Spinal subdural hematomas (SSDH) are much less common than epidural hematomas; however, progression of symptoms due to compression tends to be faster. Spinal subdural hematomas are a rare entity, much more so than epidural hematomas. In a meta-analysis of over 600 spinal hematomas, only 4% were subdural. Symptoms are those of spinal cord
compression or cauda equina syndrome, often presenting initially as back pain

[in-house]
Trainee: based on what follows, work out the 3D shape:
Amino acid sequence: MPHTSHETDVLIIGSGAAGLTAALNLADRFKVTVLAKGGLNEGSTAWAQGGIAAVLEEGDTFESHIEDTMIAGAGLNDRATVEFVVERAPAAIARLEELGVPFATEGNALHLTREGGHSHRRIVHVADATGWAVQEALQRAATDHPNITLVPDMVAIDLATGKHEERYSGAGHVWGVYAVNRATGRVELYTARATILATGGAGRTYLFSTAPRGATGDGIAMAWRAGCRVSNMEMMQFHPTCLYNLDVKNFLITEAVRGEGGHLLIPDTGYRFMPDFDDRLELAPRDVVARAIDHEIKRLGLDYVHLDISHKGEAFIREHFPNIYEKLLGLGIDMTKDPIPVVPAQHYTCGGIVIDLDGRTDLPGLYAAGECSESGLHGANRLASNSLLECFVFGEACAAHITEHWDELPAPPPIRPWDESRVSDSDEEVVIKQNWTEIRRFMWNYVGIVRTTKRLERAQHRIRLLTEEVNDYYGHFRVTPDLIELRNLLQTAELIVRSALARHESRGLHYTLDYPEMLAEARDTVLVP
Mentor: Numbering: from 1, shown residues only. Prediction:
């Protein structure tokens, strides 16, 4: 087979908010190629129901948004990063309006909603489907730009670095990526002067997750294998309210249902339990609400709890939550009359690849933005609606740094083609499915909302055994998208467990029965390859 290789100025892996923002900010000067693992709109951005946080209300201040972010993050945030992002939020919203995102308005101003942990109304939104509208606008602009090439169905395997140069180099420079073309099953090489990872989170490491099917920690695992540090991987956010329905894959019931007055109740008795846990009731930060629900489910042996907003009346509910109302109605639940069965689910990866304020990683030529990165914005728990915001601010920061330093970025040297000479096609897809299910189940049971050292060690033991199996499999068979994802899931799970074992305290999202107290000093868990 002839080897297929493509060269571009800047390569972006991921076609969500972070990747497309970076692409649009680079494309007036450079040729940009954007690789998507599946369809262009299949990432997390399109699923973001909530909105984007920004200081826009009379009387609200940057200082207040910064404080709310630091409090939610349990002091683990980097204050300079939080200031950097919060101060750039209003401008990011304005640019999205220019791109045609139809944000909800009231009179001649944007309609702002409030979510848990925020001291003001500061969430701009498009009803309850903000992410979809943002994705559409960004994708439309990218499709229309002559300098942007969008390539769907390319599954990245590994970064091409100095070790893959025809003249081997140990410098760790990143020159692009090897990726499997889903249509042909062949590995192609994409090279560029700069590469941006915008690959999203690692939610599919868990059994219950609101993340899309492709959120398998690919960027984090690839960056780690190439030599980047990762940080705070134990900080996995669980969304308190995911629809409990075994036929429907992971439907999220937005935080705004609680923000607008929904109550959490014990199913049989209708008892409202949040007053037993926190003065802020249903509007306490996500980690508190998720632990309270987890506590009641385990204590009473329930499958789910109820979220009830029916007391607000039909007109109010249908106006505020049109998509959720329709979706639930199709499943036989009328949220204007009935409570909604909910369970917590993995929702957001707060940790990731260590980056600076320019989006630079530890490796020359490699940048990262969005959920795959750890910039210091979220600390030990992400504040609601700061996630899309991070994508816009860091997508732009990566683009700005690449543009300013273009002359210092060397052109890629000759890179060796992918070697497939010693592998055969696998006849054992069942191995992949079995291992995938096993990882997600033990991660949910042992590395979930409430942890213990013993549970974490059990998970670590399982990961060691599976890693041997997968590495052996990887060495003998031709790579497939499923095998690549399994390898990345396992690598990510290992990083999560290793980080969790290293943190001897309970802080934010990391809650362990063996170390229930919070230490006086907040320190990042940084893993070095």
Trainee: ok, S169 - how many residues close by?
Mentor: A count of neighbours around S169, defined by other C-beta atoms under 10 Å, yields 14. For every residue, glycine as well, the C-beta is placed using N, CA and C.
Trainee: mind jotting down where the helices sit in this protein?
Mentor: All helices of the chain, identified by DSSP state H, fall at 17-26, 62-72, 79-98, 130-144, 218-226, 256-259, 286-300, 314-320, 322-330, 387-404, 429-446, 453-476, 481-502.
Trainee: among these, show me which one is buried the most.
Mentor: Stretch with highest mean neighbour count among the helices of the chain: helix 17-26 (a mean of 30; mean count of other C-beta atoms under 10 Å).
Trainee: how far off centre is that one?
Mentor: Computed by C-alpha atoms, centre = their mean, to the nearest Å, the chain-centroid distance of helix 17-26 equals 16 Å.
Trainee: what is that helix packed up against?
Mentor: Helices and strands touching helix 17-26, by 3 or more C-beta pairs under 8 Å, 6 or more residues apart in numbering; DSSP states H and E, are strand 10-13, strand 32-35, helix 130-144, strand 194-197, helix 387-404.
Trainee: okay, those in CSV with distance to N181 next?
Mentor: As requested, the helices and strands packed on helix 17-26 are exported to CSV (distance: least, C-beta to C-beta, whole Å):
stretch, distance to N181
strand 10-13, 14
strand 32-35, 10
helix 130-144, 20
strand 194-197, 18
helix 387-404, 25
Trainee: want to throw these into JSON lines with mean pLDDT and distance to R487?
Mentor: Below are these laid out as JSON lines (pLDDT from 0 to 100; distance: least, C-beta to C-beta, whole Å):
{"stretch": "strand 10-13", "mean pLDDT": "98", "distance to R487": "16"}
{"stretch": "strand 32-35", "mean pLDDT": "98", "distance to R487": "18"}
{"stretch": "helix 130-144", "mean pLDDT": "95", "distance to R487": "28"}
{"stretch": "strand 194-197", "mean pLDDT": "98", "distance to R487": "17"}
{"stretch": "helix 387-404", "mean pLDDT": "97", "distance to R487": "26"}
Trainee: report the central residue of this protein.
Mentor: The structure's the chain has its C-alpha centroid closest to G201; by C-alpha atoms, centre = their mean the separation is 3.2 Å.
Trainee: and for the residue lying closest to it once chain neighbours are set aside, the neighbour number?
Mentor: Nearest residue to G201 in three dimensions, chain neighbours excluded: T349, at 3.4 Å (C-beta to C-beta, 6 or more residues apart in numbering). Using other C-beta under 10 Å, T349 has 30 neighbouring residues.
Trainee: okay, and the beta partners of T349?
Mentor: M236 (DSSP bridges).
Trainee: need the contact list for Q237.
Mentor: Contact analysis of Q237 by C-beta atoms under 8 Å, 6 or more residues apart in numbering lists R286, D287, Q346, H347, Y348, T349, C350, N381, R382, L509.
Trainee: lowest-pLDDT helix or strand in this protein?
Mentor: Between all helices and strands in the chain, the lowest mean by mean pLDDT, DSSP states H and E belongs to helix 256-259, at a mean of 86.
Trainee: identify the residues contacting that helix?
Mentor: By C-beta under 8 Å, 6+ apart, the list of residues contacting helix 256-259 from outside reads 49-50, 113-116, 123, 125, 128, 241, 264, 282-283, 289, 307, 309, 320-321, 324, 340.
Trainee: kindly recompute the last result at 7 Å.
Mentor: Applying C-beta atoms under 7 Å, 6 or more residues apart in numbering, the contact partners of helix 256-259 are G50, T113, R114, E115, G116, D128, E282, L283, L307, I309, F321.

and/or radicular pain. Symptoms tend to develop more rapidly with subdural hematomas. Subdural hematomas occur within the dural sac; therefore, in contradistinction to epidural hematomas, the epidural fat is preserved and the dura is not displaced inward. The hematoma is bounded by the paired lateral denticulate ligaments and the dorsal septum, forming the inverted Mercedes-Benz sign on axial images. As such, it compresses the nerve roots but does not extend into the neural foramina or make direct contact with bone. Naturally, smaller collections will not expand the potential subdural space and will, therefore, not create the inverted Mercedes-Benz sign.
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